GE Steam Power and NGSL complete project to increase efficiency of NTPC’s Ramagundam power plant

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 GE Power India Limited (GEPIL) and its affiliates in consortium with NGSL today announced milestone results achieved from its steam turbine renovation and modernization project at NTPC’s Ramagundam, Super Thermal Power Station, 3X200 MW unit 1&3, completed in 2021 and 2022, respectively. The plant is located at Ramagundam, Telangana.

This is first of NTPC’s energy efficient Steam Turbine project carried out and the team was able to deliver better than the agreed contractual commitments on output and performance, setting a new best-in-class performance benchmark for the heat rate for these units. Following the success of units 1&3, the team is now gearing up for installation and commissioning of unit 2.

The combined additional 20 MW output generated from both units will provide electricity to approximately 44,100 Indian houses. The reduction in CO2 emissions is equivalent to *141,200 cars taken off the roads.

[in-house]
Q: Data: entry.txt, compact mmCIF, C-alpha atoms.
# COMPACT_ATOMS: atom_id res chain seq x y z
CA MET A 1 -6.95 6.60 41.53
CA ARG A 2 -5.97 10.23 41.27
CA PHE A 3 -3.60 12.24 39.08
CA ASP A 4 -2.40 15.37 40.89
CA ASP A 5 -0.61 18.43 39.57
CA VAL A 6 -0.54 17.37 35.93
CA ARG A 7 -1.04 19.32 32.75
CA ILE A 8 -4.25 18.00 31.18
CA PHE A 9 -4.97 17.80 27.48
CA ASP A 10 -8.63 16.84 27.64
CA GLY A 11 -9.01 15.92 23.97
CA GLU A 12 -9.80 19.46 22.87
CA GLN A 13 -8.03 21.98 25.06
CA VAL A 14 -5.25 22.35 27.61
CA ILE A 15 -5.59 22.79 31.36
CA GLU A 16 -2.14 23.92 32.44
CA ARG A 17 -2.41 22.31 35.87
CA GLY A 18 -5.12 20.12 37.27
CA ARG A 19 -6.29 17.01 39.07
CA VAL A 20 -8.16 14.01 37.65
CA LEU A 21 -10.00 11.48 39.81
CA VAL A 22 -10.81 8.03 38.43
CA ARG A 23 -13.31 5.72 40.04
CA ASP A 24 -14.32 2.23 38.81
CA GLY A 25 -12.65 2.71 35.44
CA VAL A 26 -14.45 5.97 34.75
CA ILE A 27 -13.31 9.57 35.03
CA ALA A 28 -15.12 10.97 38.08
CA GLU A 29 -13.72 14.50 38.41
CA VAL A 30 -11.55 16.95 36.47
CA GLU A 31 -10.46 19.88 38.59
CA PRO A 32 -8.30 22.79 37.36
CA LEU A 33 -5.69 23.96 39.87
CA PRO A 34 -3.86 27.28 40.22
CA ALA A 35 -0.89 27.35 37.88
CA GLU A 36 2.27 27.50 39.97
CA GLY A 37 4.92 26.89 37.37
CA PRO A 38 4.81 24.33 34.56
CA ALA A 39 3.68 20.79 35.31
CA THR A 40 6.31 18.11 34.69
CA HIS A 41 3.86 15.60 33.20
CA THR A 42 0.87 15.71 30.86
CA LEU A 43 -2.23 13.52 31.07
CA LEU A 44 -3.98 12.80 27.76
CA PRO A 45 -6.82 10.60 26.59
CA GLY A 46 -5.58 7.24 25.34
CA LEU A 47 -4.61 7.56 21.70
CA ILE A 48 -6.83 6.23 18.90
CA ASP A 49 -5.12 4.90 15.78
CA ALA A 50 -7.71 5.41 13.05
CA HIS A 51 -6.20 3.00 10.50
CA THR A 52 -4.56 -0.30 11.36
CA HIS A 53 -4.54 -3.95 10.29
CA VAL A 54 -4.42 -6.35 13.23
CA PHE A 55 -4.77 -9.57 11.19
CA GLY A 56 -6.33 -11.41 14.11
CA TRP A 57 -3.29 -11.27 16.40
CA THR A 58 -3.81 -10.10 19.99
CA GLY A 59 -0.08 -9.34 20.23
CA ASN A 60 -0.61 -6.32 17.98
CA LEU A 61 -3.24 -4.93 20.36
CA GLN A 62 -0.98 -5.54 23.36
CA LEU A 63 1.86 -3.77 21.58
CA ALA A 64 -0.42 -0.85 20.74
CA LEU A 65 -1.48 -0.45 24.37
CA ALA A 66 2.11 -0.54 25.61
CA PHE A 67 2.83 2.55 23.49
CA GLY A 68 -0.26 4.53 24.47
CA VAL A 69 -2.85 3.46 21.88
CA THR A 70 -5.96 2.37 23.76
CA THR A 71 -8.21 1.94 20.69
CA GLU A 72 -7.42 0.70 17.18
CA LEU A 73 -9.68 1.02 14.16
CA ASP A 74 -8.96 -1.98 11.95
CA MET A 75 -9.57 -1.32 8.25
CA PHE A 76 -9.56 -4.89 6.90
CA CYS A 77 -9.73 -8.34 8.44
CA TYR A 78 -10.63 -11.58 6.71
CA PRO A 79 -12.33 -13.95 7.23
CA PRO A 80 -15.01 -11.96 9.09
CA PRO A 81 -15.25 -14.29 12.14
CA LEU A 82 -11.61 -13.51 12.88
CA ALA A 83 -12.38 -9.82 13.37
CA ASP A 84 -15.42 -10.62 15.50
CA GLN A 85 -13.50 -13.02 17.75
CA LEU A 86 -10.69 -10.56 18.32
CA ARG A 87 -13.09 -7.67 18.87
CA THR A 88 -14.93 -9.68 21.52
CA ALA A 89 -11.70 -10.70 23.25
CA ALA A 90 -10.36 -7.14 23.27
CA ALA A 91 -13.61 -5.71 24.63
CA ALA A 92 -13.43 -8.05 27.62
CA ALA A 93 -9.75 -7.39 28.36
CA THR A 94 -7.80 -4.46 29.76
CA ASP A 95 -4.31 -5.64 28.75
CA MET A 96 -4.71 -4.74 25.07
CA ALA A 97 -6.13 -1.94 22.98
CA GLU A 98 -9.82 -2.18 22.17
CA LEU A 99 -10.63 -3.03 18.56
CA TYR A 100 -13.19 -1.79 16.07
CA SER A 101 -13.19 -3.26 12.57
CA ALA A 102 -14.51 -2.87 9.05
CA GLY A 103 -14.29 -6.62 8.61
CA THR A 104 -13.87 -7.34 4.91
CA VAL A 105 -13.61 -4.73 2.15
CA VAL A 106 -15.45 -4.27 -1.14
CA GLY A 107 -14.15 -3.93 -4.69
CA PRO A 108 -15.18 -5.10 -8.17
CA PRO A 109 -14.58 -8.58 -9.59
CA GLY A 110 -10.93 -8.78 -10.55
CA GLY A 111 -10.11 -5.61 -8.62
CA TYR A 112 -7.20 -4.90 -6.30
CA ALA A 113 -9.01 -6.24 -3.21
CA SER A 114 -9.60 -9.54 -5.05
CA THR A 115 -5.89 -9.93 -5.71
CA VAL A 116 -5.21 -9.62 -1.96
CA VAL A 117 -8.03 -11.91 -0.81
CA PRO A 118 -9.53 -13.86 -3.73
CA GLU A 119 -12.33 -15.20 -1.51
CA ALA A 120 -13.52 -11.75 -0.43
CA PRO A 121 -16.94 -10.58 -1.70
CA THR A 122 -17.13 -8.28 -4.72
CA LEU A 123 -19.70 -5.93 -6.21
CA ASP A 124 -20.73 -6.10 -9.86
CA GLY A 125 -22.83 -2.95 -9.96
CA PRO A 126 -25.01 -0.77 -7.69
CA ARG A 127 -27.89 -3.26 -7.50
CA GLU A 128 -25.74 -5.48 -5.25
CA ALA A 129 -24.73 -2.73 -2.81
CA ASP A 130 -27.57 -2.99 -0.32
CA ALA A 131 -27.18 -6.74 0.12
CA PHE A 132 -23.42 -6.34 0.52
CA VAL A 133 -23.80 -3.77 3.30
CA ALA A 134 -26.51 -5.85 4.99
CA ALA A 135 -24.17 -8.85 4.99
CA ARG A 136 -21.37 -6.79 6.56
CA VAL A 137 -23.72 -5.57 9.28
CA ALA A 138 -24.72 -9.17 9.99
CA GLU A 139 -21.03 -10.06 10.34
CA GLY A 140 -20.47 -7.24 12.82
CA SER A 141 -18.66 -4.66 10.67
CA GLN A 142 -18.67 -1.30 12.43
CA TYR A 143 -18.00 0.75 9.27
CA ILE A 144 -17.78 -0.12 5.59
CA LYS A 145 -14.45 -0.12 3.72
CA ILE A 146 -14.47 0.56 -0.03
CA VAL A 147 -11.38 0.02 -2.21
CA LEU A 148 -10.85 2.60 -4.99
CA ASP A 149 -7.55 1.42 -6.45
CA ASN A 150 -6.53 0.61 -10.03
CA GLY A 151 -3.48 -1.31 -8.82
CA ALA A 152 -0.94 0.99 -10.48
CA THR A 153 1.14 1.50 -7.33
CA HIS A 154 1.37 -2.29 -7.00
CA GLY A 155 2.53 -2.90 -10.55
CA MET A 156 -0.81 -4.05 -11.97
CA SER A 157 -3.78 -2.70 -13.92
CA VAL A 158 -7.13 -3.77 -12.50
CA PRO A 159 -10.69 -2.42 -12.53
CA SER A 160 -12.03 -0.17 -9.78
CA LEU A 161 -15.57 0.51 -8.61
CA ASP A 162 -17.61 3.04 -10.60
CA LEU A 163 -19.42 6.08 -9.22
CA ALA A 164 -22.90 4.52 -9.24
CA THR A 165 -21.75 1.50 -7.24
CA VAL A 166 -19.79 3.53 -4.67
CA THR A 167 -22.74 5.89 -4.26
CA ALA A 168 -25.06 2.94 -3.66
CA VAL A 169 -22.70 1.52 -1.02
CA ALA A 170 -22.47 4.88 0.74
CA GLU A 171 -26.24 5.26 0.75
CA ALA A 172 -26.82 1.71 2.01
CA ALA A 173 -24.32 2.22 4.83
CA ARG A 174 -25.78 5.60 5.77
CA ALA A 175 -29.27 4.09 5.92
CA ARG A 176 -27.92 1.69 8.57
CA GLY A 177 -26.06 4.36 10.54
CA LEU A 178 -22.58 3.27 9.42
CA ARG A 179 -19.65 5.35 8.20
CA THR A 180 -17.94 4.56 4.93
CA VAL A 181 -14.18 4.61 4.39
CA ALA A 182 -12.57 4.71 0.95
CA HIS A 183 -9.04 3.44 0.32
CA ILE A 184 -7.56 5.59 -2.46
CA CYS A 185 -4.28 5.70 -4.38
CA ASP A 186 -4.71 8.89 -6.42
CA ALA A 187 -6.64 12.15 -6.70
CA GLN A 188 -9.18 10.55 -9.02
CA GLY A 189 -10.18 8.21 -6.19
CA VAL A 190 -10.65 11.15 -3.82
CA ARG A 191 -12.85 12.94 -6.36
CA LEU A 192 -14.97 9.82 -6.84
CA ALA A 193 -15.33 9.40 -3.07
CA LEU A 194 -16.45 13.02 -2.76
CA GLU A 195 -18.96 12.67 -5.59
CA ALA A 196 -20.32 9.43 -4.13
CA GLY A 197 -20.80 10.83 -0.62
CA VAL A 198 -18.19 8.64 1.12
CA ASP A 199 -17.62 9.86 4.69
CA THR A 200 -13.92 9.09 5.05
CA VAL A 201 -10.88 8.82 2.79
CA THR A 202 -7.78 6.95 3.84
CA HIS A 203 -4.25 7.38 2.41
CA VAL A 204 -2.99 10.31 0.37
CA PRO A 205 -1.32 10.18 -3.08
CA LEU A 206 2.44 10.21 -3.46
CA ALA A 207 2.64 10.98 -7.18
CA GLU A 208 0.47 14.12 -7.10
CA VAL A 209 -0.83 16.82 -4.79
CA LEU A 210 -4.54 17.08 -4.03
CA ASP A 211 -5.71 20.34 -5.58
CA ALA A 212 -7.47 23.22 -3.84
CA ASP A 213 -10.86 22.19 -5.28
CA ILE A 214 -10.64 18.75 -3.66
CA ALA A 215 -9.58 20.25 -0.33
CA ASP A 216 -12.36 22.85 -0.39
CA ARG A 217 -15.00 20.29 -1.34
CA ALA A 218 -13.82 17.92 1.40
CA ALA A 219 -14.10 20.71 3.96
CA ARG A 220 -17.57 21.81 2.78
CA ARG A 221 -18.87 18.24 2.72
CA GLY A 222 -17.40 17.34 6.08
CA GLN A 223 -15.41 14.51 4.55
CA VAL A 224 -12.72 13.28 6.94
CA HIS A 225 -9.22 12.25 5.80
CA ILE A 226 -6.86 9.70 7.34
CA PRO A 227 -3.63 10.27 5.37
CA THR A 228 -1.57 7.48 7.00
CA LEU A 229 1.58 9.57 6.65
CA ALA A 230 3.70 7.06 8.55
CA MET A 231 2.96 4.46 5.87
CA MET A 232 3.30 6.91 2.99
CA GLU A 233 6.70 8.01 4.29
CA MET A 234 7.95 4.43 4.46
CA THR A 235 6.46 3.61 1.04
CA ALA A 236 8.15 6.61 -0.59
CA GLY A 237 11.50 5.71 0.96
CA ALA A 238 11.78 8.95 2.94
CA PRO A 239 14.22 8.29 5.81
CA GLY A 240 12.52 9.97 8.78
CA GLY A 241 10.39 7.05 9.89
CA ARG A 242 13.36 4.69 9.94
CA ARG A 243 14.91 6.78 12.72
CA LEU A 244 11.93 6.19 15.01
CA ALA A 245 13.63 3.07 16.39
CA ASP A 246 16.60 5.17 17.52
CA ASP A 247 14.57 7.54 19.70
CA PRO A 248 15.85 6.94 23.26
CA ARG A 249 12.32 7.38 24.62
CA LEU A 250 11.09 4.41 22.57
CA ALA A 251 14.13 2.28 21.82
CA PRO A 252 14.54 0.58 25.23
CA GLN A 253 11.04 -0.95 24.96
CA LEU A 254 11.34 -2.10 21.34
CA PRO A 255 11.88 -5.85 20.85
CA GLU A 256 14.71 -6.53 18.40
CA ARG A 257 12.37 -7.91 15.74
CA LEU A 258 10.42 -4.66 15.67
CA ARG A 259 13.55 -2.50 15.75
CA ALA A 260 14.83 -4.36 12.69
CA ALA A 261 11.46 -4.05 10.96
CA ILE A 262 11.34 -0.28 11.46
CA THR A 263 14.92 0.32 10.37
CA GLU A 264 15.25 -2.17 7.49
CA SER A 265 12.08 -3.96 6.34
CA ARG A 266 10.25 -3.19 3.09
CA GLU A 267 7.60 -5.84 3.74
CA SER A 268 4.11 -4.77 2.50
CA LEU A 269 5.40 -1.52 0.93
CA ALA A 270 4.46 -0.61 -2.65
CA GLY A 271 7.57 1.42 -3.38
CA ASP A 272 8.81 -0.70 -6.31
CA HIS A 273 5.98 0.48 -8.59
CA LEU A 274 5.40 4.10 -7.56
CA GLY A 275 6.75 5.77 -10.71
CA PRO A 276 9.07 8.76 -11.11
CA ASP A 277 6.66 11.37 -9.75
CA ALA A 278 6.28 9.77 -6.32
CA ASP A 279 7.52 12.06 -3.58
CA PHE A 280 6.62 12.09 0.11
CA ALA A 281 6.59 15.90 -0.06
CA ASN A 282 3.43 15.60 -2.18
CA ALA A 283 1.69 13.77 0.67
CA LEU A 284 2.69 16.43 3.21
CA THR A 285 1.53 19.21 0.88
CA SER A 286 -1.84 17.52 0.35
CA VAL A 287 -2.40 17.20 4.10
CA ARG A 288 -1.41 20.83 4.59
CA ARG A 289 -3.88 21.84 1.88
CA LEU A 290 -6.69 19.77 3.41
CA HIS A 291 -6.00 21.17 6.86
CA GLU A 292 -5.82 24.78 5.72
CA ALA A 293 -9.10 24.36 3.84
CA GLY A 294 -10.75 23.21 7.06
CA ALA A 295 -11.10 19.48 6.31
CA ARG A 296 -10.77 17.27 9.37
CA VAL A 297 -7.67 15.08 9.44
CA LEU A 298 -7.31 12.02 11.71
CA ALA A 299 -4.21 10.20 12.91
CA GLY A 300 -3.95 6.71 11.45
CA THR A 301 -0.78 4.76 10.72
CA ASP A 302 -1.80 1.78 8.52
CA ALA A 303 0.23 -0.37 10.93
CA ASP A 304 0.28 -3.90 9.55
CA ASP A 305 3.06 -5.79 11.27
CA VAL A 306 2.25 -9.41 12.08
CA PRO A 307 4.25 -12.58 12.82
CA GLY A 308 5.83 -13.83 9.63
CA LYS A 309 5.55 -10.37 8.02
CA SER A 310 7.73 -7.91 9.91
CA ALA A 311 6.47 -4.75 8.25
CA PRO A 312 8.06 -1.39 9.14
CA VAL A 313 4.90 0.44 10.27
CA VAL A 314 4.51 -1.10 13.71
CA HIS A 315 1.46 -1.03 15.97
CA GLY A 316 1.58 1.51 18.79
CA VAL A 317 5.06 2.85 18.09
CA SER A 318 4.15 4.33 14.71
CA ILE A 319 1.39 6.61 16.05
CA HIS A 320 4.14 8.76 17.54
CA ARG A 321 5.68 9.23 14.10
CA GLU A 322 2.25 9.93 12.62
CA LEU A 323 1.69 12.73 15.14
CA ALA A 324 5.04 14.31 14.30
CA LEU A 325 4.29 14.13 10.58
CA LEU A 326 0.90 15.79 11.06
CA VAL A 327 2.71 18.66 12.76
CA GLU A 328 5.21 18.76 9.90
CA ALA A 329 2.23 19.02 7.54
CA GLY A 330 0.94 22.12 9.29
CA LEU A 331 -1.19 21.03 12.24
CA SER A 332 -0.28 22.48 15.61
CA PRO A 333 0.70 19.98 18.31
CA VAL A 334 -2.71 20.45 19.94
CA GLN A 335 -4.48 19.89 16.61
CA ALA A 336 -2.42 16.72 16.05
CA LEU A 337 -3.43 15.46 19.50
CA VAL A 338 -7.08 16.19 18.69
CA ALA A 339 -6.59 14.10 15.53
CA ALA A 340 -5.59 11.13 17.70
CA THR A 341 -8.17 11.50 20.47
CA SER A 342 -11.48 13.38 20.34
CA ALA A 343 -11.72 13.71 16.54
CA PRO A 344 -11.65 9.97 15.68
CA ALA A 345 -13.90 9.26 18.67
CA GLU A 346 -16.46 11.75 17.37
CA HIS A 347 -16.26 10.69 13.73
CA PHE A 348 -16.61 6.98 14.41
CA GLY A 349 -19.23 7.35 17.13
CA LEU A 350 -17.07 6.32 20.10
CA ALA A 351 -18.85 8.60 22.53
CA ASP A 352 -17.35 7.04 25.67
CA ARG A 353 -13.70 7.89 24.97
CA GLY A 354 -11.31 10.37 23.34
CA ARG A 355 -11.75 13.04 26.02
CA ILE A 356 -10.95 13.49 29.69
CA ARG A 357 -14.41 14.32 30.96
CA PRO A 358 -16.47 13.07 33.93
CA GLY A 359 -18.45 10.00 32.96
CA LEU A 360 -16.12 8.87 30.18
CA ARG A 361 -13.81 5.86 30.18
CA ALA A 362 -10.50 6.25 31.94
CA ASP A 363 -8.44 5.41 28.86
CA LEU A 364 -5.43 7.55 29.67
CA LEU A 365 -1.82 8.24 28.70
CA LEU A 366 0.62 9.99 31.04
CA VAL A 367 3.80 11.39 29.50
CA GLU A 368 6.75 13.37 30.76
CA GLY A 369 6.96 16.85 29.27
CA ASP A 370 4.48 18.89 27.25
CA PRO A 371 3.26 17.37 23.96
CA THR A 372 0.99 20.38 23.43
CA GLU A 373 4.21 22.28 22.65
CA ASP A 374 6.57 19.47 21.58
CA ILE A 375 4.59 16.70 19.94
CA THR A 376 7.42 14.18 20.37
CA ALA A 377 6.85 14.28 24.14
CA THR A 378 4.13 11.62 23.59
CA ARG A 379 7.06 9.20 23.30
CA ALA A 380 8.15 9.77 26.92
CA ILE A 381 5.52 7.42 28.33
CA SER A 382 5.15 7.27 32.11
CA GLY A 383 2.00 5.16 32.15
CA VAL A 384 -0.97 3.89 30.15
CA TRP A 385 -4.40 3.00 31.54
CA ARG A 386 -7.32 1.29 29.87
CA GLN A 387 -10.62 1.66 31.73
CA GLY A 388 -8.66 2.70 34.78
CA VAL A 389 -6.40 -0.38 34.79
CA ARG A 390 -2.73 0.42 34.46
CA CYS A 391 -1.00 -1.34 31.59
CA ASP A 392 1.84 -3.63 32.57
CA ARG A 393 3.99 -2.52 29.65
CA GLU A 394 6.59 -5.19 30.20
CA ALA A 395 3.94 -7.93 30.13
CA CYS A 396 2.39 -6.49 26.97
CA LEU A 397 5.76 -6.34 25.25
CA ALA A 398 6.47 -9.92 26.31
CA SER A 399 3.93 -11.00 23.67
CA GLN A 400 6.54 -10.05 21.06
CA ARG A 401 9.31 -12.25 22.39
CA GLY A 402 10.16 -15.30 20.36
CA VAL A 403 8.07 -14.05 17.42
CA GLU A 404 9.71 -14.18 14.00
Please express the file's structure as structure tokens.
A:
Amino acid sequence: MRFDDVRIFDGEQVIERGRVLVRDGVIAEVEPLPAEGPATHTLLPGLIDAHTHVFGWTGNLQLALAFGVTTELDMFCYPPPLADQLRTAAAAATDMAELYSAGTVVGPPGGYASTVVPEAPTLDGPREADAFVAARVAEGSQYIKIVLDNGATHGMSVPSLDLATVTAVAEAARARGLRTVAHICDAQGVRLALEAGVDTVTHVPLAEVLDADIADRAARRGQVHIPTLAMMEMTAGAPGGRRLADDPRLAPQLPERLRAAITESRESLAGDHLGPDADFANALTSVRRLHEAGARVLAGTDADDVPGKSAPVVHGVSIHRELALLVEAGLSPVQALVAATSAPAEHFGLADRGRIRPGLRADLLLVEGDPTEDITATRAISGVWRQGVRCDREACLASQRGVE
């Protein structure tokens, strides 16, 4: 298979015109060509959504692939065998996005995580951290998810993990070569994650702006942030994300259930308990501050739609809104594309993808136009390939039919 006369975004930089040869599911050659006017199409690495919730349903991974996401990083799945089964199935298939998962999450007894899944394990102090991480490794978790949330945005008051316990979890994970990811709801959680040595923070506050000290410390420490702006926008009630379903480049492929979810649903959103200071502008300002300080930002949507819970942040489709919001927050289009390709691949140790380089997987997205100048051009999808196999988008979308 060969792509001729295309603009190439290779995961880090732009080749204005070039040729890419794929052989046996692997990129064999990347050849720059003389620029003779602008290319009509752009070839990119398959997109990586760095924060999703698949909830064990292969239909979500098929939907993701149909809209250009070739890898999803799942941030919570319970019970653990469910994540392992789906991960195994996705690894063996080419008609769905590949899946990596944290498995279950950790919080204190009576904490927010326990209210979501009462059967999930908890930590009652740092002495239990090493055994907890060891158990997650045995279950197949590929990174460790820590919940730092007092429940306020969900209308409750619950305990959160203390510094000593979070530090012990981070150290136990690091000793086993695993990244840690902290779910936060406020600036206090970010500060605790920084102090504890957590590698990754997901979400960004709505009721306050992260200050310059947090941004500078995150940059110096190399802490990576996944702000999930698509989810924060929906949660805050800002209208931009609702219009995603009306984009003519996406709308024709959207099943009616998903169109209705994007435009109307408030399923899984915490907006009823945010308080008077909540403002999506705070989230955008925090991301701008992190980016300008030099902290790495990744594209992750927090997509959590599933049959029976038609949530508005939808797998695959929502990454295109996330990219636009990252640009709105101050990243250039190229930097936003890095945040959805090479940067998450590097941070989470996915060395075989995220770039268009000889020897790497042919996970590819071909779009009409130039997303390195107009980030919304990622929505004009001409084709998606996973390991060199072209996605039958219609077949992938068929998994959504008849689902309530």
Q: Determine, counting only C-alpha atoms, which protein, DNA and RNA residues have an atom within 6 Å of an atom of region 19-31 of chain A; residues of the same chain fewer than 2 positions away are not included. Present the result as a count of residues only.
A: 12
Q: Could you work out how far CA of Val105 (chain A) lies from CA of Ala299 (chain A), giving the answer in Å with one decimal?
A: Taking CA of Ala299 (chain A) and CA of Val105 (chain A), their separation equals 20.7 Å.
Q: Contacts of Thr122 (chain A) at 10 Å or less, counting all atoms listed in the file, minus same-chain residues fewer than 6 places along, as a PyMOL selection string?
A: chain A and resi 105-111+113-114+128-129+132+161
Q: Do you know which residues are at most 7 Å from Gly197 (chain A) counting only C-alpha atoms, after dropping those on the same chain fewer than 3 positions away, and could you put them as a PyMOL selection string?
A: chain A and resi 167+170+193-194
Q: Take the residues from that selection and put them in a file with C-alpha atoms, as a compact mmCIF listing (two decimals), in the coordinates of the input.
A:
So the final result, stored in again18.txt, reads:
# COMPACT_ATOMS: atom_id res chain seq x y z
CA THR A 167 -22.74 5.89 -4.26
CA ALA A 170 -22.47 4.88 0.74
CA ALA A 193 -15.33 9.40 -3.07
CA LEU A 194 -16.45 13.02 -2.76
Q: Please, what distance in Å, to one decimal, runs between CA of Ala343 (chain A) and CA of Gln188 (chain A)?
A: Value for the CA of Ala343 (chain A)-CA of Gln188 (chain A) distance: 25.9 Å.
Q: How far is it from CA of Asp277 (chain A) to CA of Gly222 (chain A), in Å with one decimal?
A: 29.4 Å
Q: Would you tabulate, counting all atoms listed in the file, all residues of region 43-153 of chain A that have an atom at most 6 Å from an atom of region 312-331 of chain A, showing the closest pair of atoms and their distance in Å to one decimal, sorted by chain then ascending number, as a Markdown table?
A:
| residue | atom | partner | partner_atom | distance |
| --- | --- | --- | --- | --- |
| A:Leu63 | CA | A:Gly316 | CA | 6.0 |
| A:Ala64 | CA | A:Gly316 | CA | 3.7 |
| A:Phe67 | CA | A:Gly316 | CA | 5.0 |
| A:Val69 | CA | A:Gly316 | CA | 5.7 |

Supporting the ‘Make in India’ initiative by the government of India, some parts of the project requirements were fulfilled locally from India, including LP turbine manufacturing, and supply by the GE facility in Sanand, Gujarat and sourcing of critical auxiliary components from various vendors in India.

Prashant Jain, RGM – GE Steam Power and MD – GE Power India Limited said, “I am very proud of the team who delivered over and above the agreed results to the customer. This project supports the decarbonization story of India with solutions aided by more efficient and flexible power generation solutions. Upgrade projects like these are aimed at increasing power, efficiency and reliability while also reducing emissions and will better position the country to meet future energy demands”.

In 2017, GE Steam Power completed a first-of-its-kind Steam Turbine shaft line retrofit for Ukai thermal power station for BHEL 200-MW-class units in India, aimed at increasing power, efficiency, and reliability while also reducing emissions. Not only did the retrofit extend the unit’s life by 25 years, but also restored its output back to its original capacity of 200 MW.